August 25, 2008
US in Standoff With Russia As Warship Delivers Georgia Aid to Georgia, Just Miles From Russians
By Shaun Walker
THE UNITED States military came within 60 miles of the Russian army in Georgia yesterday as an American warship arrived in the Black Sea port of Batumi to deliver humanitarian aid to the embattled Caucasus country.
USS McFaul arrived with a cargo of beds, mattresses and other supplies to help the thousands of Georgian refugees displaced from their homes during the past two weeks. It dropped anchor just outside Batumi and its cargo was ferried to the sub-tropical palm- lined shoreline by smaller boats.
It was the first of three US military ships that will come to Batumi with aid and is the strongest signal yet of Washington's displeasure with Russian actions in Georgia and the continuing Russian military presence there.
Just 55 miles up the coastline in Poti, a small contingent of armed Russian "peacekeepers" remains. Moscow has rejected calls to pull out immediately from the port city, which is far from any "buffer zone" around the conflict areas of Abkhazia and South Ossetia, where it has won the right to keep peacekeeping troops. Russian troops had destroyed the port at Poti, taken Georgian soldiers captive, and seized four American Humvees waiting for shipment.
The Russian army withdrew the bulk of its soldiers from Georgia on Friday and witnesses also reported a large withdrawal of Russian troops from the conflict zone of South Ossetia back into Russia proper over Friday and Saturday. There was little sense that the pull-out was down to Western pressure; instead it was a case of "mission accomplished", having humiliated Georgia and its allies and destroyed military and civilian infrastructure.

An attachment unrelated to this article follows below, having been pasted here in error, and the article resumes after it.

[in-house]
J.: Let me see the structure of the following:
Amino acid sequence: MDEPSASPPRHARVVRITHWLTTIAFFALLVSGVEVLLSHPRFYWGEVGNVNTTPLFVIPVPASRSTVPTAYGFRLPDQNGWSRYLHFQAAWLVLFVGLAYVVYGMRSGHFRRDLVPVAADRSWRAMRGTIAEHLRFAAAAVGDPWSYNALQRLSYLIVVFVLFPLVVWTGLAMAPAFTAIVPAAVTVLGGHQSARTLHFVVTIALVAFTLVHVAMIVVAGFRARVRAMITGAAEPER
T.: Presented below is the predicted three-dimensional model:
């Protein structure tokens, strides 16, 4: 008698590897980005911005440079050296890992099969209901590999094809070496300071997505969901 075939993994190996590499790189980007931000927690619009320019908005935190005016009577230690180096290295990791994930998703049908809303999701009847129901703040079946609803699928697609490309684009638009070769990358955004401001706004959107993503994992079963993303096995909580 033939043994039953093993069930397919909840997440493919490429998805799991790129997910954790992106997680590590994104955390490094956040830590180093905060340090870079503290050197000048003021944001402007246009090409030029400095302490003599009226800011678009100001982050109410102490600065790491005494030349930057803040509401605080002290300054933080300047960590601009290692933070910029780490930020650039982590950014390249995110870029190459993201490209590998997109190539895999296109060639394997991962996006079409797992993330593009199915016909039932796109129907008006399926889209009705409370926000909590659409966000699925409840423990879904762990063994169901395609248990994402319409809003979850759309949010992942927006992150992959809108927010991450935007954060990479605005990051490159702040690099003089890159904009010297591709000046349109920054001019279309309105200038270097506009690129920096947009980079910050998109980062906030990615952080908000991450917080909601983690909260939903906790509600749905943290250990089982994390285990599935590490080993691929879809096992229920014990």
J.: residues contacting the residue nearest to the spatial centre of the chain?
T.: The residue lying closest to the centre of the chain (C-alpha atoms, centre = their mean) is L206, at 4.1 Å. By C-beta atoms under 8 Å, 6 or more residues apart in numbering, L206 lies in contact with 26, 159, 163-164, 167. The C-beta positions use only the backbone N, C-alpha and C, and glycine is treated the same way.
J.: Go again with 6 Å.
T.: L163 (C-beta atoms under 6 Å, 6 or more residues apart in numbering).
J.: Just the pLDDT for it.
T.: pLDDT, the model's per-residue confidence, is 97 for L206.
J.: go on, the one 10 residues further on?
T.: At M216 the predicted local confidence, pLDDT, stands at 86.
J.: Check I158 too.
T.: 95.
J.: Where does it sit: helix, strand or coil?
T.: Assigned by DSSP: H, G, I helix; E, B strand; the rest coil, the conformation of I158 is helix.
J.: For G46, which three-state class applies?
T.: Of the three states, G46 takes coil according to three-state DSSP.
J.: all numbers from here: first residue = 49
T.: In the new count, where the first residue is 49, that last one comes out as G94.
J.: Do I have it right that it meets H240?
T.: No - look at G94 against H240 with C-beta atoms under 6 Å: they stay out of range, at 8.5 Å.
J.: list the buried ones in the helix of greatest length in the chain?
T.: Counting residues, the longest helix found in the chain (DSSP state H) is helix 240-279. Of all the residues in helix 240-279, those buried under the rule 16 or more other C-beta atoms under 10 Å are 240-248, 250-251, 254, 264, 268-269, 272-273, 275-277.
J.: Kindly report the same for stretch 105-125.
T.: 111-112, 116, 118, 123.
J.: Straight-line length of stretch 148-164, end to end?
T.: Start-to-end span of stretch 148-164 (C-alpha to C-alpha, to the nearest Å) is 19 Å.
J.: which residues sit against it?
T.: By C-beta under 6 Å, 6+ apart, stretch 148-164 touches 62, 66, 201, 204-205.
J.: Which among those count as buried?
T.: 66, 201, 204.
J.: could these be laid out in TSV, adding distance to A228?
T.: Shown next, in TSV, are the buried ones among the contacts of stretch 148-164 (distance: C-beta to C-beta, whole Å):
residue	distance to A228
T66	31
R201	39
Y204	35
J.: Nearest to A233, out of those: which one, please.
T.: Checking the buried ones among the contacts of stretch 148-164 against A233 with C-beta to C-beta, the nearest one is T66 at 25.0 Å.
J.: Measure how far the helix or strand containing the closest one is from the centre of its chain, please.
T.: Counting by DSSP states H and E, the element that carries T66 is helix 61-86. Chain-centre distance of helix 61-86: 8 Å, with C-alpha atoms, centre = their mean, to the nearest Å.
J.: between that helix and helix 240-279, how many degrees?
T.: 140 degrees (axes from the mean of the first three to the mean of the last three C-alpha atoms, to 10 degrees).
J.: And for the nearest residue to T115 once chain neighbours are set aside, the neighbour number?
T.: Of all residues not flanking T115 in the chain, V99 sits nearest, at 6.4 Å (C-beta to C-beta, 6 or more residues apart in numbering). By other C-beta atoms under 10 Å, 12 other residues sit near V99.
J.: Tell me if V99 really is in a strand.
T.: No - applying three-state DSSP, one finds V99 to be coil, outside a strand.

There was also a sting in the tail of the occupation yesterday as a train carrying oil products, probably originating in Azerbaijan, exploded on the country's main east-west railway a few kilometres outside Gori. The Russians last week blew up a bridge on the railway line which was the only option for goods to be transported across the country during the Russian occupation.
Georgian officials said they believed the blast was caused by a mine left on the tracks by Russian forces, who until Friday had controlled that area. One-third of the train's wagons were on fire.
The US naval mission to Batumi follows several aid flights into Georgia by US military aircraft. While many feel that the Americans have offered little in the way of concrete action to protect their Georgian ally, it's clear the missions have irked Moscow.
The chief Russian spokesman on the situation in Georgia, deputy chief of the general staff, General Anatoly Nogovitsyn, said that Nato countries were using the humanitarian missions as a "cover" for building up naval forces in the Black Sea area. A source close to the Georgian government said that there had been "serious discussions" among US officials on whether to send the ship to Poti after it had unloaded in Batumi, risking an actual confrontation between US and Russian troops, but it appeared that the option had been shelved.
Still, the Georgians welcomed the aid and praised the American response. "The United States is our great friend," David Kezerashvili, the defence minister, told journalists in Batumi. "They have arrived at such a difficult time. It means we are not alone."
The repercussions of the crisis in Georgia continued to be felt in Kiev yesterday, as Ukraine's President, Viktor Yushchenko, used a speech at a military parade to mark Ukrainian Independence Day to renew calls for his country to join Nato.
(c) 2008 Independent, The; London (UK). Provided by ProQuest LLC. All rights Reserved.